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ISA 315 (Revised) - Exposure Draft Webinar, October 3rd, 2018

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A 2nd 90 minute webinar was hosted by the IAASB to discuss the key revisions to the auditor’s risk identification and assessment procedures, as introduced through the recently published ISA 315 (Revised) Exposure Draft. Listen to IAASB Task Force Chair Fiona Campbell as she goes through specific questions sent from stakeholders about the changes we are proposing.

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ISA 315 (Revised) - Exposure Draft Webinar, October 3rd, 2018

  1. 1. Section Title 14pt Arial Regular ISA 315 (Revised) – Exposure Draft • Q&A Webinar • October 3rd, 2018 Fiona Campbell ISA 315 Task Force Chair Bev Bahlmann IAASB Staff
  2. 2. ISA 315 (Revised)—The Journey So Far 2013 June 2018 2017 – 2018 2016 March 2016 – Working Group established September 2016 – Project proposal approved Development of ED-315 and conforming amendments IAASB approves ED-315 IAASB’s Post implementation review of clarified ISAs Nov 2018–June 2019 development of final proposals Sep &Oct 2018 Webinars explaining key changes in webinars / Q&A
  3. 3. ISA 315 (Revised) – Questions Page 3 • Acronyms used: – ISA 315 (Revised) Exposure Draft: ED–315 Terms: Acronym: International Standards on Auditing ISA ISA 315 (Revised) Exposure Draft ED–315 ISA 315 (Revised) Explanatory Memorandum EM Evaluating the design of a control and determining whether the control has been implemented D&I Financial reporting framework FRF Significant classes of transactions, account balances and disclosures SCOTABD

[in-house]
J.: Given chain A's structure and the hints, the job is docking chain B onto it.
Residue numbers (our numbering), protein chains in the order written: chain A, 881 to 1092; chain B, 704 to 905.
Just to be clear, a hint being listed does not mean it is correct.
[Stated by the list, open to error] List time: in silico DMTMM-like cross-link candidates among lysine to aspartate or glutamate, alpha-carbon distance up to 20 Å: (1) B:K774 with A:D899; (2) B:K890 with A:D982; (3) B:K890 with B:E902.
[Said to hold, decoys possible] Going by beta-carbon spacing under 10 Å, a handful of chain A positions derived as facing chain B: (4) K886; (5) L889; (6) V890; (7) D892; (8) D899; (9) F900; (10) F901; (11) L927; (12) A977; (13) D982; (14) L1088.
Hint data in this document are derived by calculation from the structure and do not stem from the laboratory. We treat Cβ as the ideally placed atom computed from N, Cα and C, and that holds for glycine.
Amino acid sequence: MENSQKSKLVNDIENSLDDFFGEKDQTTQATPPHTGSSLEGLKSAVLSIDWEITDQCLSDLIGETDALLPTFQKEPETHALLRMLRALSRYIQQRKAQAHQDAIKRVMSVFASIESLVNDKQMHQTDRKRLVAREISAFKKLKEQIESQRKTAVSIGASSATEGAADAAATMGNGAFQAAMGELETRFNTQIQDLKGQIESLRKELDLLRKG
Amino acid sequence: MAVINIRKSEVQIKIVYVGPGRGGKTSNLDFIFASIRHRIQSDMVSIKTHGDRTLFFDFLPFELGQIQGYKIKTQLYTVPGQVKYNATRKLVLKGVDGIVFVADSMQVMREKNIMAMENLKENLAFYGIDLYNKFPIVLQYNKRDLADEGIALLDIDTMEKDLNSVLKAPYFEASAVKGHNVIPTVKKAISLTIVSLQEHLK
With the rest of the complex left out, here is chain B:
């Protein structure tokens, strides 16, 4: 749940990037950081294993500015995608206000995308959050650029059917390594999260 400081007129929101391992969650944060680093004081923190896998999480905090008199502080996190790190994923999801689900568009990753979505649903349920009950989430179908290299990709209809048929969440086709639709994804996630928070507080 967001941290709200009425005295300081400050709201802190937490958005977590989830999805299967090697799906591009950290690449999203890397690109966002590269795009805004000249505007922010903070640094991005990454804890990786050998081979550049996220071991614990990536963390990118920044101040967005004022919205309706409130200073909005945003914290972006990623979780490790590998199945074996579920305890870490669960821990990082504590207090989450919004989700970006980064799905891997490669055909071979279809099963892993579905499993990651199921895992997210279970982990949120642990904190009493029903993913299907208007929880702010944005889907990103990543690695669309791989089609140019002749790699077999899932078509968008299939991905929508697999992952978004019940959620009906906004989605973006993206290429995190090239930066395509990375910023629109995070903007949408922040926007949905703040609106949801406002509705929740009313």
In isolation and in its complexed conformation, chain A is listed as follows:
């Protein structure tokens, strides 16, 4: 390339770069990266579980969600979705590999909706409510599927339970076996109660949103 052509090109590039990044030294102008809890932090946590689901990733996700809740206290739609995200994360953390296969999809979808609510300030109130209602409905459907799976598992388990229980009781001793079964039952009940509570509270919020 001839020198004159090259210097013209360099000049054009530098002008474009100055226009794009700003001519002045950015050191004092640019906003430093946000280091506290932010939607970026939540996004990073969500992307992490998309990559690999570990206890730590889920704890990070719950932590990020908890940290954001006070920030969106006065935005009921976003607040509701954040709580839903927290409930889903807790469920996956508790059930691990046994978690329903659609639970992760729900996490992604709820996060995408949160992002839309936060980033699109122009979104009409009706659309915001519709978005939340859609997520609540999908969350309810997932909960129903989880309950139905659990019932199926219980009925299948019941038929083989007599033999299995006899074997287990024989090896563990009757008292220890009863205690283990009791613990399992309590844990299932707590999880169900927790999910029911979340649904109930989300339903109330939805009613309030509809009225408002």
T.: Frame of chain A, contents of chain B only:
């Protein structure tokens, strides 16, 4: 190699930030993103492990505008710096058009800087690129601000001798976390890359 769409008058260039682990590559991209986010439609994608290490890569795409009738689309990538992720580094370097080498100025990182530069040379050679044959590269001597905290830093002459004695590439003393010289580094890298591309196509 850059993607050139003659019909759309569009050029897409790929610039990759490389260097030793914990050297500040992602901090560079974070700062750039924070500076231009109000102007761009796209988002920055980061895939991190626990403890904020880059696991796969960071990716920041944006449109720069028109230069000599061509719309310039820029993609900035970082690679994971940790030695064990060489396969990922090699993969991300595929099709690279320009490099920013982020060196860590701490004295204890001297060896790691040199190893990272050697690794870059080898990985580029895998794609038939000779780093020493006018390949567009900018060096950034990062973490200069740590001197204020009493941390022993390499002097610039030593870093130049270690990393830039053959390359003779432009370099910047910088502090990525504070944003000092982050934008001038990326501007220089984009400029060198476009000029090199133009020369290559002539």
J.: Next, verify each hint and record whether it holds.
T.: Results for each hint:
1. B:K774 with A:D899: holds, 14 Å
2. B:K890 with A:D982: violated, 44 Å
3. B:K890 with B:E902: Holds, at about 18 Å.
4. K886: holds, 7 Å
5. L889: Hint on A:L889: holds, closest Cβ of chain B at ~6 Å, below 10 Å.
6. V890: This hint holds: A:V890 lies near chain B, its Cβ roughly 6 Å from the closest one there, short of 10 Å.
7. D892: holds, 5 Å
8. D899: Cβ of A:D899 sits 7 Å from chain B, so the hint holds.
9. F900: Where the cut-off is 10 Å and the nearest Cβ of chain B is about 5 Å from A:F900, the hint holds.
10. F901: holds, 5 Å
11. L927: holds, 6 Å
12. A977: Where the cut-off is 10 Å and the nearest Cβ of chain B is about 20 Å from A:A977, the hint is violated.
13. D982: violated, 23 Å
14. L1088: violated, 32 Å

4. 4. ISA 315 (Revised) Q&A – Introductory Paragraphs Page 4 1. ED–315 now has new introductory paragraphs setting out the key concepts in the proposed standard. Since these paragraphs are separate from the requirements, what is the authority of these paragraphs (i.e., do these paragraphs carry the same authority)?
  5. 5. ISA 315 (Revised) Q&A - Overarching 2. In the Explanatory Memorandum (EM) and the project proposal, it says that the Board did not intend to change the fundamentals of the audit risk model. The EM refers to scalability and consistency of identifying significant risks as the key areas where stakeholders felt the risk assessment model needed to be improved. The Exposure Draft, however, proposes quite significant changes to the risk assessment process - introducing new concepts, logic and requirements that impose a much more directive thought process. Recognizing that changing the fundamentals of the risk assessment model will have a significant effect on methodologies and audit software, and therefore will potentially be disruptive with possible negative impact on audit quality at least during transition, why does the Board believe that this nature and extent of the proposed changes are necessary to address the issues that had been identified? Did the Board consider alternative ways to address stakeholders' issues that did not involve fundamentally changing the risk assessment model in extant ISA 315? Page 5
  6. 6. ISA 315 (Revised) Q&A – Scalability 3. The application material of extant ISA 315 (Revised) included separate paragraphs on ‘considerations specific to smaller entities.’ these paragraphs are not in the ED - what is the approach in ED–315? 4. Please clarify the scope of ‘smaller and less complex’ in the context of ED–315. For example, what about larger and less complex entities? Page 6